Snow Phipps Group v. KCAKE Acquisition: DE addresses MAE based on COVID-19 impact

Corporate / M&A Decisions update series

In Snow Phipps Group, LLC v. KCAKE Acquisition, Inc. (C.A. No. 2020-0282-KSJM), the Delaware Court of Chancery ordered specific performance of a US$550 million acquisition, rejecting the buyer’s argument that the impact of COVID-19 was reasonably expected to constitute a materially adverse event (MAE). The court found specific performance appropriate because the plaintiff failed to use reasonable best efforts to obtain appropriate financing, including making unreasonable demands of the potential lenders. Ultimately, the court characterized its decision as a “victory for deal certainty,” reaffirming that Delaware courts set a high bar for purchasers seeking to terminate an acquisition agreement on the basis of an MAE. The holding demonstrates that while other deal parties recently were able to demonstrate MAEs, including AB Stable VIII LLC and Akorn, the burden to do so remains high and requires a “persistent and sustained” failure in an acquisition target’s business.

On March 6, 2020, at the outset of the COVID-19 pandemic in the United States, an affiliate of Kohlberg & Company, LLC (Kohlberg) entered into an agreement with Snow Phipps Group, LLC (Snow Phipps) to acquire DecoPac Holdings Inc. (DecoPac), a company that sells cake-decorating ingredients and products to supermarket bakeries. Within weeks, following widespread government-mandated shutdowns that caused DecoPac’s sales to plummet, the buyers “lost their appetite for the deal.”

While DecoPac’s executives believed that its sales would rebound, Kohlberg did not. Rejecting the projections it requested from DecoPac – and that DecoPac “painstaking[ly]” prepared as “illogically optimistic,” Kohlberg prepared its own projections forecasting precipitous declines in DecoPac’s performance during the pandemic based on “simplistic assumptions.” Kohlberg then shared its own projections, not the DecoPac projections, with lenders and demanded changes to the financing. The lenders rejected the demands. After Kohlberg told Snow Phipps that it would not proceed to closing, Snow Phipps sued for specific performance, and Kohlberg counterclaimed.

After a five-day trial, the court rejected on multiple bases Kohlberg’s argument that DecoPac’s performance in the early days of the pandemic would reasonably be expected to ripen into an MAE, thereby permitting termination of the share purchase agreement (SPA). First, Kohlberg failed to establish the existence of an MAE, as DecoPac’s steep decline in performance in the early days of the pandemic had begun to rebound in the weeks prior to termination, and the company was projected to continue its recovery. Second, the plaintiffs established that the vast majority of the performance decline was causally linked to government shutdown orders. Therefore, the effects of COVID-19 fell within an enumerated carveout of the SPA. Third, Kohlberg did not show that DecoPac suffered a disproportionate impact relative to its industry peers.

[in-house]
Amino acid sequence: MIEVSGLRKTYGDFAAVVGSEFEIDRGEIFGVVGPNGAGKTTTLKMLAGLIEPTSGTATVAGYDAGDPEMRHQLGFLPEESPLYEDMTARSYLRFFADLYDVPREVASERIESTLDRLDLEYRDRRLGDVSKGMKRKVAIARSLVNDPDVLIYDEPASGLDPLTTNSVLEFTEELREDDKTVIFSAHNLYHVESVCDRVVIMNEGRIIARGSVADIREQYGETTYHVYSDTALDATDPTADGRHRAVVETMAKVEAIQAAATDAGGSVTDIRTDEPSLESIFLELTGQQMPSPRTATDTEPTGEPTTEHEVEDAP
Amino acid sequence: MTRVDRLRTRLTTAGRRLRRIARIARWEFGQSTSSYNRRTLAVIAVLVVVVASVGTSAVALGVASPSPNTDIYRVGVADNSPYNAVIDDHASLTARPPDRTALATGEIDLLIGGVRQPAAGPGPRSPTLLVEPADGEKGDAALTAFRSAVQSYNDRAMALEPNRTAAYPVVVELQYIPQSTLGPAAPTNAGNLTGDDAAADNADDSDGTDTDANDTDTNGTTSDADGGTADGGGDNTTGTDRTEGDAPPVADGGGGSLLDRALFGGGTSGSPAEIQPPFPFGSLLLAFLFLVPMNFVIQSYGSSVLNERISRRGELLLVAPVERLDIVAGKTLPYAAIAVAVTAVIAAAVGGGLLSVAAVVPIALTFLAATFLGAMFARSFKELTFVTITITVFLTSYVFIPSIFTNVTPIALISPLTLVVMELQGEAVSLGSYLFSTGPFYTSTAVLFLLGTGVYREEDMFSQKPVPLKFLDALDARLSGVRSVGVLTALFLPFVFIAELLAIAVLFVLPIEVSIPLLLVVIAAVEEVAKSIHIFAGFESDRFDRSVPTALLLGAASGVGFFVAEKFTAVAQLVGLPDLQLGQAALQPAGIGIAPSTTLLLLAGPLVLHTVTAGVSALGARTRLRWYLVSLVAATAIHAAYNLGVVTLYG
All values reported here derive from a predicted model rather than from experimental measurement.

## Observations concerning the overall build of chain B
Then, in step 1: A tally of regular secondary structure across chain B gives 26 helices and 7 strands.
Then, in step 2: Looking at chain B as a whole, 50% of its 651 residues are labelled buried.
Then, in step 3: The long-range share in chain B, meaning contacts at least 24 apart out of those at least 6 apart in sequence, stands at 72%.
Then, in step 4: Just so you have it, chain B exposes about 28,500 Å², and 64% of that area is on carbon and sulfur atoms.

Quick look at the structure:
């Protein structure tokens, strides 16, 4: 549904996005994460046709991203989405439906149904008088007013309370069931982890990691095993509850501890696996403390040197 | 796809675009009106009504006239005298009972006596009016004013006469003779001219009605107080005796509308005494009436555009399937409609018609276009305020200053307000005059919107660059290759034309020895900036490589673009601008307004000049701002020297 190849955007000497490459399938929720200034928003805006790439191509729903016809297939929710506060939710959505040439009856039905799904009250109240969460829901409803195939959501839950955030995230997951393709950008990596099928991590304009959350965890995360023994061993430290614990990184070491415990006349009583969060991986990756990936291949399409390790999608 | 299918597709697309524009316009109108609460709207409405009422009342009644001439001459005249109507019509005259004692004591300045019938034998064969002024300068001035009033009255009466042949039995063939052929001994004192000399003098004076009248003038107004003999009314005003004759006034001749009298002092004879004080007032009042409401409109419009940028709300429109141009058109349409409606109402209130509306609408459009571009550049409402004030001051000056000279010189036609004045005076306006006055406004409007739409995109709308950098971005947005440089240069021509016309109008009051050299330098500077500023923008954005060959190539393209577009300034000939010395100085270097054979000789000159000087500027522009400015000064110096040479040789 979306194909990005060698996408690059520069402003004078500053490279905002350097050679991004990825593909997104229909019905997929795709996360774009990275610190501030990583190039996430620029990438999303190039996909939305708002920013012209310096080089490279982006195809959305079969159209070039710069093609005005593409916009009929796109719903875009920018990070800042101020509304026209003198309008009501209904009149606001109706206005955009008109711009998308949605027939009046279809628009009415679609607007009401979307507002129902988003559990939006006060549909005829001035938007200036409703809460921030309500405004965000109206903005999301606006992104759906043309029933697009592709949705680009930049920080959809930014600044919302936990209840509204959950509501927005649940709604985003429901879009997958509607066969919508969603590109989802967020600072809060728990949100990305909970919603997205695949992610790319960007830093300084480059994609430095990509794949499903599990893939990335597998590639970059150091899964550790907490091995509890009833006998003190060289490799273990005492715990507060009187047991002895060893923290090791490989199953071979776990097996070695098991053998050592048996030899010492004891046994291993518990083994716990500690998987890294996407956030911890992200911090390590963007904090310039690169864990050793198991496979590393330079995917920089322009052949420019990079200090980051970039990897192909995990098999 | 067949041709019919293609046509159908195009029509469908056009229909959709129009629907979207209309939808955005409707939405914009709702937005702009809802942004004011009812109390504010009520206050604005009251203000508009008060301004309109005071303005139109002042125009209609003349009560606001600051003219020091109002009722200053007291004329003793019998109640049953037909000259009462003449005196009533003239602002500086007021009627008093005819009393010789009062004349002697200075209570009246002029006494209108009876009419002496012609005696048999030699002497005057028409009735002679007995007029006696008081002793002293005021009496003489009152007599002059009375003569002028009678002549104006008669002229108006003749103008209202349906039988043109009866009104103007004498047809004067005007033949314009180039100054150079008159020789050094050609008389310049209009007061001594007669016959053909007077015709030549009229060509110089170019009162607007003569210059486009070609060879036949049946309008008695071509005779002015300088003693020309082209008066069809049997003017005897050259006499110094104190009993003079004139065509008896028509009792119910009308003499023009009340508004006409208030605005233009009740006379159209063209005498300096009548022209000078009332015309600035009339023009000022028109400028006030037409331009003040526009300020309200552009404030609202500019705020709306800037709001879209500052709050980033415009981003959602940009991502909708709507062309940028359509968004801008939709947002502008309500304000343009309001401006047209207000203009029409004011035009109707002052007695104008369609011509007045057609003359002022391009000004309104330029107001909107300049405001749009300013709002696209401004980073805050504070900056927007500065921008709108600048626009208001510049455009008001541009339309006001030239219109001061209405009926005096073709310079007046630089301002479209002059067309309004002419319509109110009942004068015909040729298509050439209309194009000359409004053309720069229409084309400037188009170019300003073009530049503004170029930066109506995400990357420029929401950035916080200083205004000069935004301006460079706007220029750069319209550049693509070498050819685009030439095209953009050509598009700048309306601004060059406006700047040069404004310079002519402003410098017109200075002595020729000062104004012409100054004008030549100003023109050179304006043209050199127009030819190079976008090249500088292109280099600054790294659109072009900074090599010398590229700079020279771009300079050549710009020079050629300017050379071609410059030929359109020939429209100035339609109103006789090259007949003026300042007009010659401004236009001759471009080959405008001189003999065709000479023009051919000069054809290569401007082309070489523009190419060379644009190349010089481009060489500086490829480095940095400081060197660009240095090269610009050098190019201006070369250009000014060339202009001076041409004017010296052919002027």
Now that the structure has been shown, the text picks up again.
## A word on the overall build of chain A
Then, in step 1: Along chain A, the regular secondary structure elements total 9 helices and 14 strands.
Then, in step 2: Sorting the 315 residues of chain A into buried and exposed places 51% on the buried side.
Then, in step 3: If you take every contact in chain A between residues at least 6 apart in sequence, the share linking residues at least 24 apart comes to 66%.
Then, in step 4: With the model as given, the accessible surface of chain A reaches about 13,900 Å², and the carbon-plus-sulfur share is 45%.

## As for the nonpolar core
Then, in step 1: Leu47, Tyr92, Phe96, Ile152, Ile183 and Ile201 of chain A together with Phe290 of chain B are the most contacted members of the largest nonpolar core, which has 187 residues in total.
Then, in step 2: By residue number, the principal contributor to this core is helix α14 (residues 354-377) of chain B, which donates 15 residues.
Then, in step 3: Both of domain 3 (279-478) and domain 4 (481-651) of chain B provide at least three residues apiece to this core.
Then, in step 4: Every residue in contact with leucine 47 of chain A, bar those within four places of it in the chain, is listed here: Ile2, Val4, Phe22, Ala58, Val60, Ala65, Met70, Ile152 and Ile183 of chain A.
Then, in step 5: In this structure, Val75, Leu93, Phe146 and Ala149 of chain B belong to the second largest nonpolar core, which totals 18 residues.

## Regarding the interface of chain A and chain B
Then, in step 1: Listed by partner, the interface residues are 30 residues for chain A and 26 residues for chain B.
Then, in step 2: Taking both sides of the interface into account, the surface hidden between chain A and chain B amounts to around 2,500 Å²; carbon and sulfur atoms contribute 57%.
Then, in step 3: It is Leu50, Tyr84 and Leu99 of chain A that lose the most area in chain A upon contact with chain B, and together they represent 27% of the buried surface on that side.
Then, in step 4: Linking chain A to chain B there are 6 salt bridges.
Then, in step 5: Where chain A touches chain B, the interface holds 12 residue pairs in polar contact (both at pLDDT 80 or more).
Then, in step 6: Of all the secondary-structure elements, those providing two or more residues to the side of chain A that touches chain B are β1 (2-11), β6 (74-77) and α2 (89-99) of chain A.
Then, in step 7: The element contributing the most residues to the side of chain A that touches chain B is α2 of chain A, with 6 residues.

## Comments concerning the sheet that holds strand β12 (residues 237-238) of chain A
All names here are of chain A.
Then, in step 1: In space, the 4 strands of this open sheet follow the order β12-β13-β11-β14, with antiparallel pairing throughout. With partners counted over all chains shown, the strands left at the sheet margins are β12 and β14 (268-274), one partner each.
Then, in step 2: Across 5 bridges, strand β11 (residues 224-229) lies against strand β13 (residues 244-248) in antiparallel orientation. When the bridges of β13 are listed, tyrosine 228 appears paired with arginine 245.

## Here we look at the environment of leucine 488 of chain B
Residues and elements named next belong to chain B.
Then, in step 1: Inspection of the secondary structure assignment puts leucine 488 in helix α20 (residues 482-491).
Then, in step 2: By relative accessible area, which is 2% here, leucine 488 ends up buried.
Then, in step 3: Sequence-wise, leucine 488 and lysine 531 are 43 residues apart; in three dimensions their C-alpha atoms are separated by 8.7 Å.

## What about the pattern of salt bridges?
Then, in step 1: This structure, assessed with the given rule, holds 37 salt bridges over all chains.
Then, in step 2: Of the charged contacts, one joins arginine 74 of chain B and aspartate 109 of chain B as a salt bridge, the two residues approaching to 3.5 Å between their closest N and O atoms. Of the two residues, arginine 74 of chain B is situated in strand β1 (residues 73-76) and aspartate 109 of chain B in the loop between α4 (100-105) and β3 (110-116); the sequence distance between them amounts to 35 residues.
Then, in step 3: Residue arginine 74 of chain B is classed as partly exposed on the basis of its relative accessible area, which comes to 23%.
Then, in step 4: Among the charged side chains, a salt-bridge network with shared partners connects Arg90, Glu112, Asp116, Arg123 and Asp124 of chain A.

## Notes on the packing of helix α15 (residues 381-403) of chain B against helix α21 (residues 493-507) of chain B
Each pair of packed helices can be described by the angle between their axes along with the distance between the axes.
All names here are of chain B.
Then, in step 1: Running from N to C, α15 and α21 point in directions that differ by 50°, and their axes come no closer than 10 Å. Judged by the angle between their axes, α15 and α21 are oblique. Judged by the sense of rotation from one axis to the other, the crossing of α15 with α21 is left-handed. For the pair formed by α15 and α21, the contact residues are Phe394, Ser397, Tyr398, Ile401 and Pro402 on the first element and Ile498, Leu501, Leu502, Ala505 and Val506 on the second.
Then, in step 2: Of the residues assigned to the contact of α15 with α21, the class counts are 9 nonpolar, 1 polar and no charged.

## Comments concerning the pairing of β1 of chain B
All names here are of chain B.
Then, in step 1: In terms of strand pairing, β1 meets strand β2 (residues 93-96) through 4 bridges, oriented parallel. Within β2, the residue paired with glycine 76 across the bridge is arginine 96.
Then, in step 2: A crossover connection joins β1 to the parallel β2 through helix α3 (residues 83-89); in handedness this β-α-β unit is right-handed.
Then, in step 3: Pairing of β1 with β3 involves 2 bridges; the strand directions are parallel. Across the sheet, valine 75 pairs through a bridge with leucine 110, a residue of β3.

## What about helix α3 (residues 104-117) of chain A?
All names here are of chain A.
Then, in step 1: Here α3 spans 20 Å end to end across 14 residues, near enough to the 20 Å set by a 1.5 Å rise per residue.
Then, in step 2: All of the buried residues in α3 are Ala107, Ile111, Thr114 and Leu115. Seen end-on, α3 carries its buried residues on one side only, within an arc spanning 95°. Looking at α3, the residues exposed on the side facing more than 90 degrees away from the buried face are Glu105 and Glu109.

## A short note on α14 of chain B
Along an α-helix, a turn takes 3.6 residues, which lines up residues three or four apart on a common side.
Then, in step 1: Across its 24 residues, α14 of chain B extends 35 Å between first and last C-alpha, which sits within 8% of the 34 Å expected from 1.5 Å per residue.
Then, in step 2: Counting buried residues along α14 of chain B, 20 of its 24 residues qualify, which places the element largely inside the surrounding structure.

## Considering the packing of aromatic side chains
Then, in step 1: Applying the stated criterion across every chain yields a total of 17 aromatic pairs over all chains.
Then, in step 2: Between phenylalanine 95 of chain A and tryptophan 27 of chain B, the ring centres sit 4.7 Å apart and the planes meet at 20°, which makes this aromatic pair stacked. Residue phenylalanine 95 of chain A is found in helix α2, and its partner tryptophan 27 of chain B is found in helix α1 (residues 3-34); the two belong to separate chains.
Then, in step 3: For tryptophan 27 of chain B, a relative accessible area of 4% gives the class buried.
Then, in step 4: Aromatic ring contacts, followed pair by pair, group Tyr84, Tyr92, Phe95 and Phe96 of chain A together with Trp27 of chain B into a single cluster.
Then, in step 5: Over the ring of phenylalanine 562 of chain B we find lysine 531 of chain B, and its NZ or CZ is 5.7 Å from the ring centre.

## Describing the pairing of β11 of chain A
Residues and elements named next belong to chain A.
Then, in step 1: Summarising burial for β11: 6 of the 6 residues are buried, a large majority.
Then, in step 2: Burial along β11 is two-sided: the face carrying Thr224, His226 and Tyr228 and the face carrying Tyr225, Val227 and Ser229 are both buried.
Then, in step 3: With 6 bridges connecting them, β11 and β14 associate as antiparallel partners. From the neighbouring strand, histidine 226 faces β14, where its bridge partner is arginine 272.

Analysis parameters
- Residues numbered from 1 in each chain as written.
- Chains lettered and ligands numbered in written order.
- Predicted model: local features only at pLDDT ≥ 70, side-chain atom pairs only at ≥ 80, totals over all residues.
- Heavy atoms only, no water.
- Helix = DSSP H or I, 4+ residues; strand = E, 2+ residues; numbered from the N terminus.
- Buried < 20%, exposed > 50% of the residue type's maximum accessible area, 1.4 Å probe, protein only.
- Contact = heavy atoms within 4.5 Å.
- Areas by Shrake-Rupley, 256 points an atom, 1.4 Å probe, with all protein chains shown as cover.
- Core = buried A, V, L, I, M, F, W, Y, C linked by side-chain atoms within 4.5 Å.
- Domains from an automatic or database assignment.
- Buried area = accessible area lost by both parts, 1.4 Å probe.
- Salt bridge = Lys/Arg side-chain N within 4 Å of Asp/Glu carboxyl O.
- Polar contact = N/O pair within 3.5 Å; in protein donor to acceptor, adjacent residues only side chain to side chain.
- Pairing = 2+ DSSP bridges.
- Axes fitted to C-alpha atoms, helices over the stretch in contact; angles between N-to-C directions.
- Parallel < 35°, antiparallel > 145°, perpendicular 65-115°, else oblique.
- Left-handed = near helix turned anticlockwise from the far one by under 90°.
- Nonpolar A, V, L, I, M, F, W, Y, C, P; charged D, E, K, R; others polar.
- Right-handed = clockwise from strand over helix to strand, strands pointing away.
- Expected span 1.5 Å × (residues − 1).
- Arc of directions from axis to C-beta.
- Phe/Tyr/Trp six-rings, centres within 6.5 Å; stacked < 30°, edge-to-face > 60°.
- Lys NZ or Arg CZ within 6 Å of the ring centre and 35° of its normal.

After rejecting Kohlberg’s MAE claim, the court dismissed an alternative argument by Kohlberg that Snow Phipps had breached its covenant to continue operating the DecoPac business in the ordinary course.

Having rejected Kohlberg’s excuses not to close, the court found in favor of Snow Phipps on its counterclaim, concluding that Kohlberg breached its obligation to use reasonable best efforts to obtain financing. The court ordered specific performance of the US$550 million acquisition, as stipulated in the SPA, “[c]halking up a victory for deal certainty.”

In its opinion, the court resolved several fact issues even though it ultimately concluded that those fact issues need not be resolved in light of the clear contract language. Of note, however, was the court’s rejection of Kohlberg’s argument that, because it did not agree to Snow Phipps’ proposals that “epidemics” and “pandemic” be added to the definition of MAE, it conclusively allocated to DecoPac potential unknown risks of the pandemic. Instead, the court found based on documents and testimony that Kohlberg did not want to be the “first private equity firm that plays in the middle market space to have that language in the MAE” and that DecoPac “never would have agreed to the transaction if [it] believed that by sticking to the [Kohlberg] MAE definition, Kohlberg was shifting COVID-19 demand risk to [DecoPac].”


Authored by Ryan M. Philp, Allison M. Wuertz, and Tyler Waywell.

David Michaeli
New York
Allison Wuertz
New York
Jon Talotta
Global Co-Lead
Northern Virginia
William Regan
New York


This website is operated by Hogan Lovells International LLP, whose registered office is at Atlantic House, Holborn Viaduct, London, EC1A 2FG. For further details of Hogan Lovells International LLP and the international legal practice that comprises Hogan Lovells International LLP, Hogan Lovells US LLP and their affiliated businesses ("Hogan Lovells"), please see our Legal Notices page. © 2024 Hogan Lovells.

Attorney advertising. Prior results do not guarantee a similar outcome.